As I said, John Francis Daley and Jonathan Goldstein wrote HORRIBLE BOSSES, a comedy I liked a lot, but this time they didn’t write the screenplay.  They directed GAME NIGHT. The writing honors went to Mark Perez. The jokes do work, but the humor isn’t as dark or outrageous as in HORRIBLE BOSSES. Most of the comedy comes from characters not knowing what’s really going on and acting in ways which they wouldn’t act had they known.

As plots go, the one in GAME NIGHT is contrived and not at all convincing, but the jokes work, and that’s because the film’s gimmick works. It’s fun to watch these folks in action in situations they’ve got figured all wrong.

One of the funniest bits is the sequence where Annie has to extract a bullet from Max’s arm.  It had the audience howling with laughter.  But there aren’t many of these raucous laugh-out-loud moments.  GAME NIGHT is not on the level of a film like THE HANGOVER (2009) which pushed the envelope throughout.  Mark Perez’ screenplay has its moments, but most of them are of the smaller chuckle variety, although there are lots of these moments throughout.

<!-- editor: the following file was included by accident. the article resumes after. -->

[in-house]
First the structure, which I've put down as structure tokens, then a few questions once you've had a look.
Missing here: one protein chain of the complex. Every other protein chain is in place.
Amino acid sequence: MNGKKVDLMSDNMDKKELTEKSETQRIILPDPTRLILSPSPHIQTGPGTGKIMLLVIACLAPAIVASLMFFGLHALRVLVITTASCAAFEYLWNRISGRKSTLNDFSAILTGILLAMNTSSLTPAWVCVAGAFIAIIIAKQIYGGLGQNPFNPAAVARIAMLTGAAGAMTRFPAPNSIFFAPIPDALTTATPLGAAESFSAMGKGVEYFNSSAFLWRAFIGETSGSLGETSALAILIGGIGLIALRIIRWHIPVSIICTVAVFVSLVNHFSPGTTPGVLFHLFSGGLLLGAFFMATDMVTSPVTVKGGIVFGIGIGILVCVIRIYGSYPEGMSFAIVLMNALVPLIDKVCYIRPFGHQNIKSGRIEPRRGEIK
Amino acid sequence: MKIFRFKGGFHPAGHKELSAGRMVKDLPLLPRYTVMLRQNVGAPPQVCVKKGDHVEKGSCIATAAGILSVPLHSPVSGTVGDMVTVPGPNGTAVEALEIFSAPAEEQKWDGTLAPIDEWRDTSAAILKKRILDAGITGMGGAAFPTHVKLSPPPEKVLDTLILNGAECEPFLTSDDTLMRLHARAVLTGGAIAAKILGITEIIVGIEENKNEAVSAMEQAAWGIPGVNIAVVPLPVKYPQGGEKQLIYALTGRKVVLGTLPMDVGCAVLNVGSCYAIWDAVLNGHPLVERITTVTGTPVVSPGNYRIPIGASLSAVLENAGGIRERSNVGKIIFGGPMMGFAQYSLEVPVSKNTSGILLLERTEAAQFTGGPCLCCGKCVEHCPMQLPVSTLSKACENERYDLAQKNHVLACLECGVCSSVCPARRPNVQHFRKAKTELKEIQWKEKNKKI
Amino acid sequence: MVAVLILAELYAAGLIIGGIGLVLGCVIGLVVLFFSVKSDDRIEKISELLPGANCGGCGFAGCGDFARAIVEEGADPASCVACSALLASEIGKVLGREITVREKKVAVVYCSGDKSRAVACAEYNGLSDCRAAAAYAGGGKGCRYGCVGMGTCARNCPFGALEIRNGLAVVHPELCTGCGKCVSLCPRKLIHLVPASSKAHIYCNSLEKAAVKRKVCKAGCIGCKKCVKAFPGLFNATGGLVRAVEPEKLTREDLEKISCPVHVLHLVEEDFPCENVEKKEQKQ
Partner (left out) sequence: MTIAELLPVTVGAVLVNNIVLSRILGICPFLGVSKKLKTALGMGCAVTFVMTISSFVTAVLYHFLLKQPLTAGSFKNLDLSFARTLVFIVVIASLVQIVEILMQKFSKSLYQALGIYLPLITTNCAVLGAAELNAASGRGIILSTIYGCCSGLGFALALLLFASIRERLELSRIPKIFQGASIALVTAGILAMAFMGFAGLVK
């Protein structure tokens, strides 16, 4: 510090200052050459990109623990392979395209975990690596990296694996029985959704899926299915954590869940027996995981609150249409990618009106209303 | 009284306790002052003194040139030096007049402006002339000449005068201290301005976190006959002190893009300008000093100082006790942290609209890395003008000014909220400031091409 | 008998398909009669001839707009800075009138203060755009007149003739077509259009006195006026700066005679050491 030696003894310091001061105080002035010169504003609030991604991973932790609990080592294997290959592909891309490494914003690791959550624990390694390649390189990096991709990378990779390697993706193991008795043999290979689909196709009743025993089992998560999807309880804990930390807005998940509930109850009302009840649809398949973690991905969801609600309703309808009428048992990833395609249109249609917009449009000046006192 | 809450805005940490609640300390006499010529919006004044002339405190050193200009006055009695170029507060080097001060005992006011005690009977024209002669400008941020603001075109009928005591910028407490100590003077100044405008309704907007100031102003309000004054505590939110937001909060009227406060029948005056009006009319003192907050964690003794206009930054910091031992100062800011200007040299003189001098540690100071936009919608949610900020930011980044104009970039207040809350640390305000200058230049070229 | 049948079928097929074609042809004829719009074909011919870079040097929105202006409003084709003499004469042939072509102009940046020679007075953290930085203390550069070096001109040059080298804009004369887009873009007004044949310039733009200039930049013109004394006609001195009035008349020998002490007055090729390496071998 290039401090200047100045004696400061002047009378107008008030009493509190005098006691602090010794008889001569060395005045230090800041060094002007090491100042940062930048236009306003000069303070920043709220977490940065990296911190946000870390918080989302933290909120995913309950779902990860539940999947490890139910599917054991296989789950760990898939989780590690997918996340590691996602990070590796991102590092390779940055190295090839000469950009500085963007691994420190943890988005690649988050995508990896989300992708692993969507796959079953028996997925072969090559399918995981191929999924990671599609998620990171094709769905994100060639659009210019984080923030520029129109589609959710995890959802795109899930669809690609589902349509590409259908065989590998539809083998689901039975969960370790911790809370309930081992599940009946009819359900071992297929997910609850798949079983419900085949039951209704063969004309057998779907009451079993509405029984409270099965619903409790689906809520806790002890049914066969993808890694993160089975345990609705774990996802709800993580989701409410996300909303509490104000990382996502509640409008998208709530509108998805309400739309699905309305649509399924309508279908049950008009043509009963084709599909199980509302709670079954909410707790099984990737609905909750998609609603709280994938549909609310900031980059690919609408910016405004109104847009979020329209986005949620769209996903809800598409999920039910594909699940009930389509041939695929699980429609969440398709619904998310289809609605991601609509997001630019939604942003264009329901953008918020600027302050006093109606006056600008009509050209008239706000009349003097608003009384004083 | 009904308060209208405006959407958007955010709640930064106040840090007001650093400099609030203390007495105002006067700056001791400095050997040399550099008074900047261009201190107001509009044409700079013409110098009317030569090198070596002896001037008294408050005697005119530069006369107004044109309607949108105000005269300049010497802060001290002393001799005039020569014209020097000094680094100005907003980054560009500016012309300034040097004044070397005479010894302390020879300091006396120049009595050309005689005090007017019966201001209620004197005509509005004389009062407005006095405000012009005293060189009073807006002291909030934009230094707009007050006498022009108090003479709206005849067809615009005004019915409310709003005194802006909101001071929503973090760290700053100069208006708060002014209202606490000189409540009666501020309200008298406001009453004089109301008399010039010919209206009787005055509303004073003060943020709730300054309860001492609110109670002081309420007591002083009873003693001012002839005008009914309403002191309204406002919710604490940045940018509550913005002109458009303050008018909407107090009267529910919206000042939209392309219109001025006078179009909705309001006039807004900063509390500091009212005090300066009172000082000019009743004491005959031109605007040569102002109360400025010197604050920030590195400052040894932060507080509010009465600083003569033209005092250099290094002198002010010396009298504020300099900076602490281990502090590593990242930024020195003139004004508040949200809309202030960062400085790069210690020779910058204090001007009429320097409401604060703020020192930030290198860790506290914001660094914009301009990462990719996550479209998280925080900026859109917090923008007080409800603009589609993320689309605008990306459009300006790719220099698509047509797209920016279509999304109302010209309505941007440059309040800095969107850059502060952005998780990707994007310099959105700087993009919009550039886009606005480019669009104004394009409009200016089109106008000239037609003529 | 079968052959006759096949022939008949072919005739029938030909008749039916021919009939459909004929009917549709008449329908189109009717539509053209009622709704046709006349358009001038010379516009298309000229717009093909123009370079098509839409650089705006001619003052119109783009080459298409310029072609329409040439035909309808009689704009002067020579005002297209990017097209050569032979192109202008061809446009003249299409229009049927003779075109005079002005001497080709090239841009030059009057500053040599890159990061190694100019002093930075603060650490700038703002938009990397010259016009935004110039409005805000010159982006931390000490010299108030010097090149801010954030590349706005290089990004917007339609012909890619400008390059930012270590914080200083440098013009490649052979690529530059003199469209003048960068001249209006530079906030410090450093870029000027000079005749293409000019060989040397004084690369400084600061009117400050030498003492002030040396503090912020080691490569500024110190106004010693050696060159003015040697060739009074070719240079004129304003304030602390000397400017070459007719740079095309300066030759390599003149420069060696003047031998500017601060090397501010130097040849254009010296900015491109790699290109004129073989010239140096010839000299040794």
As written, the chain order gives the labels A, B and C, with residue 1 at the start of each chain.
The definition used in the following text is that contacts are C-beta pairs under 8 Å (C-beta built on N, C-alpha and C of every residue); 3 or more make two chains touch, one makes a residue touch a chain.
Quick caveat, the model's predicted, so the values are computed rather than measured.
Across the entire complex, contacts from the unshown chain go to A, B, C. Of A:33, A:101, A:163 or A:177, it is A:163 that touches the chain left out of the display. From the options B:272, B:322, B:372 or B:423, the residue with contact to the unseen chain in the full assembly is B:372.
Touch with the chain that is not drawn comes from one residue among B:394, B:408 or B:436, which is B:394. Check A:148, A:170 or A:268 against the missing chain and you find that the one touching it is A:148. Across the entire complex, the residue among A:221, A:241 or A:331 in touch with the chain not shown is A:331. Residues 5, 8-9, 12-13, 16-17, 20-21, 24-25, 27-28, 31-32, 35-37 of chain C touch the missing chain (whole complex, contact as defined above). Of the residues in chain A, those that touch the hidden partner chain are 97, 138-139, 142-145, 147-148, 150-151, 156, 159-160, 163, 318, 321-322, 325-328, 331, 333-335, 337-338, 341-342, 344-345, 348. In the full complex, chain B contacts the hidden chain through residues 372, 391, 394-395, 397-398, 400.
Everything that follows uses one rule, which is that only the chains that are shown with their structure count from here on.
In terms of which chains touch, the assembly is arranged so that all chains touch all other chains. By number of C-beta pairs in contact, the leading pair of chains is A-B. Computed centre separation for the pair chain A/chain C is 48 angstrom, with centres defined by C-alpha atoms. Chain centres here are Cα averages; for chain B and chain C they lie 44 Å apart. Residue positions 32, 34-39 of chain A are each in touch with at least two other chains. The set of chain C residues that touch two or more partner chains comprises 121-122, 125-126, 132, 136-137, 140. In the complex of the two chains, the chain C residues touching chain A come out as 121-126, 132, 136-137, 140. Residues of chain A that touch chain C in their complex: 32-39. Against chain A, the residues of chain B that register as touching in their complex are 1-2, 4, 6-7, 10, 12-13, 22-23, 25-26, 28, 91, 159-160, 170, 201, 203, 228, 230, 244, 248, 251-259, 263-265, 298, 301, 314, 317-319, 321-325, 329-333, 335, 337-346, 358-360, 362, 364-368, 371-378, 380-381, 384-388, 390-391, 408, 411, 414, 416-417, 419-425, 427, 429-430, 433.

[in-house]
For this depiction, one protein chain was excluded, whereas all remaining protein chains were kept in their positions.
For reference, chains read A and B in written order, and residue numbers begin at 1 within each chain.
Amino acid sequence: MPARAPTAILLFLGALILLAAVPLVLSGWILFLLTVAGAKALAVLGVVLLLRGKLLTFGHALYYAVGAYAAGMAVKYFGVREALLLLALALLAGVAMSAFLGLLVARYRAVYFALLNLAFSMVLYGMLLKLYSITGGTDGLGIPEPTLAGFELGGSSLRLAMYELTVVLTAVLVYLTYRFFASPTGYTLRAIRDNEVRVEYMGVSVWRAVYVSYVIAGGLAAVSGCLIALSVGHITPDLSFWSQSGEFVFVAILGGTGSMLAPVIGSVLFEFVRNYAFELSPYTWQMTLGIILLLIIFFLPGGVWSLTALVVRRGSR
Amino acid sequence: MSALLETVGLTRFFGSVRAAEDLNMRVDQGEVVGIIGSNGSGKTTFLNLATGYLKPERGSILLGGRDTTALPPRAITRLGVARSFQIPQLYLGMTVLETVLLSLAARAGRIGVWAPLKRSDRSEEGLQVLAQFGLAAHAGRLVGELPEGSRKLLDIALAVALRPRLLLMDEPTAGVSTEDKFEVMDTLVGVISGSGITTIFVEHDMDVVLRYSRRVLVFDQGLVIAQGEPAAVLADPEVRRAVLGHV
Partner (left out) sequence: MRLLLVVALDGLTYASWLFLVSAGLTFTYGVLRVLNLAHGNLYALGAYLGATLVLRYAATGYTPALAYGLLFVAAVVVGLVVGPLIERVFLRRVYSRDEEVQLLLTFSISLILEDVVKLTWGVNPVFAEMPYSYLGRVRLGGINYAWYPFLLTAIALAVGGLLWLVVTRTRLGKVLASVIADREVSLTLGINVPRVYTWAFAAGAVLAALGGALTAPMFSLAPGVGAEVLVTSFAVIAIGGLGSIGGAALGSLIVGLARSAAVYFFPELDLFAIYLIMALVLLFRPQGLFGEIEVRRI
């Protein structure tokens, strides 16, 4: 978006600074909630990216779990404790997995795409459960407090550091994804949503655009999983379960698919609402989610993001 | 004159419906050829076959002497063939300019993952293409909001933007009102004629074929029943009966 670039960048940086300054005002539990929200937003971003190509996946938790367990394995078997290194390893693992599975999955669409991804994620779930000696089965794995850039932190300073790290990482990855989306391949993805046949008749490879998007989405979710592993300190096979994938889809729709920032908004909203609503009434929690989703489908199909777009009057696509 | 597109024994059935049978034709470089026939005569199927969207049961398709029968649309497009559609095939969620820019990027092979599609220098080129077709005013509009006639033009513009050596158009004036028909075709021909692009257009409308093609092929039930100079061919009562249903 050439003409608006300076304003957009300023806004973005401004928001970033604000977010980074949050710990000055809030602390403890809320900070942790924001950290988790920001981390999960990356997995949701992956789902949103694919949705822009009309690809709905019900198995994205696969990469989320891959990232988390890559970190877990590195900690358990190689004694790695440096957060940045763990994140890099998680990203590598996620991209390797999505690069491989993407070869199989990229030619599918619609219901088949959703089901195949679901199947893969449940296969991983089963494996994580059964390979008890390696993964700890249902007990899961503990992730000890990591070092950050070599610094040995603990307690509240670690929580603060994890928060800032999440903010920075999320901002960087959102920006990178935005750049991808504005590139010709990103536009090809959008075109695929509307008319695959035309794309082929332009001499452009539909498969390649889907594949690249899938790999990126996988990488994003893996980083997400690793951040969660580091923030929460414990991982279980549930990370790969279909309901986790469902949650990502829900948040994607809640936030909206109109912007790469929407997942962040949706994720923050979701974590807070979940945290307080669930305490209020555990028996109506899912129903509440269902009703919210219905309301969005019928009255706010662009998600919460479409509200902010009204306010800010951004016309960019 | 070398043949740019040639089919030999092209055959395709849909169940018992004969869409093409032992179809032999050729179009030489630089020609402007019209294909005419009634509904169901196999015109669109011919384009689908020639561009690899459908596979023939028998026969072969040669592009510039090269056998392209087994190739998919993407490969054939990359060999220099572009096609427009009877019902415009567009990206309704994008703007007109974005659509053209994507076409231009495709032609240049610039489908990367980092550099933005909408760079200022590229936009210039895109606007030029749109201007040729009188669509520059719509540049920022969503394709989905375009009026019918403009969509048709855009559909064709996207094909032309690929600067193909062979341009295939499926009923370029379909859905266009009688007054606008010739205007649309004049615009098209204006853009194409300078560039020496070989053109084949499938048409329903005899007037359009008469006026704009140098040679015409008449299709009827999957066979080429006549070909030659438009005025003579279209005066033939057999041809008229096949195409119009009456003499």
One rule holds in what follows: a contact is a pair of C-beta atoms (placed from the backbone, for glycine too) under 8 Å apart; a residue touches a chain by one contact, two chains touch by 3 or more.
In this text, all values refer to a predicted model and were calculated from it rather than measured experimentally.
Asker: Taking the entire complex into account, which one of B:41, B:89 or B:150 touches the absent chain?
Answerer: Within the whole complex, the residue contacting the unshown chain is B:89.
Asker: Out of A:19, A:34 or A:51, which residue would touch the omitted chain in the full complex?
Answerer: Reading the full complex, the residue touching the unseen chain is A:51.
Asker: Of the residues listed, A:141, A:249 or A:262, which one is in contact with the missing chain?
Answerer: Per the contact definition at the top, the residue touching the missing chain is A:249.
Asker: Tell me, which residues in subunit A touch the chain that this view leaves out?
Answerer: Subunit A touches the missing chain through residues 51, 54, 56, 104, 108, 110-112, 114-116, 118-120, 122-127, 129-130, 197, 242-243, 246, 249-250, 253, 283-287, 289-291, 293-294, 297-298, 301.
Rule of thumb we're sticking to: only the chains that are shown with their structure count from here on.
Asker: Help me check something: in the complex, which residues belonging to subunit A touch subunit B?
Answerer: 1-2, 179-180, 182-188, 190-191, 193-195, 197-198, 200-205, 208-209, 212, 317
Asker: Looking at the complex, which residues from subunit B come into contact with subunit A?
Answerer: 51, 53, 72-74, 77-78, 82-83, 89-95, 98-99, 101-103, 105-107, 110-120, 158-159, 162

As directors, John Francis Daley and Jonathan Goldstein keep the pace moving fast.

For the most part, Jason Bateman is funny as Max, although at times he’s a bit too mellow for what’s going on around him. I enjoyed Rachel McAdams more as Annie.  I thought most of her scenes were hilarious. While not on the same level as her work as reporter Sacha Pfeiffer in SPOTLIGHT (2015), it’s still a fun performance, more so than her recent role as Christine Palmer in DOCTOR STRANGE (2016).

Kyle Chandler is at his roguish best as Max’s annoying brother Brooks, and Jesse Plemons, who continues to turn up everywhere these days, does a nice job playing oddball neighbor Gary. This is the third film I’ve seen Plemons in this year, following on the heels of THE POST (2017) and HOSTILES (2017). Plemons of course had a memorable role as Todd during the last season of BREAKING BAD (2012-13).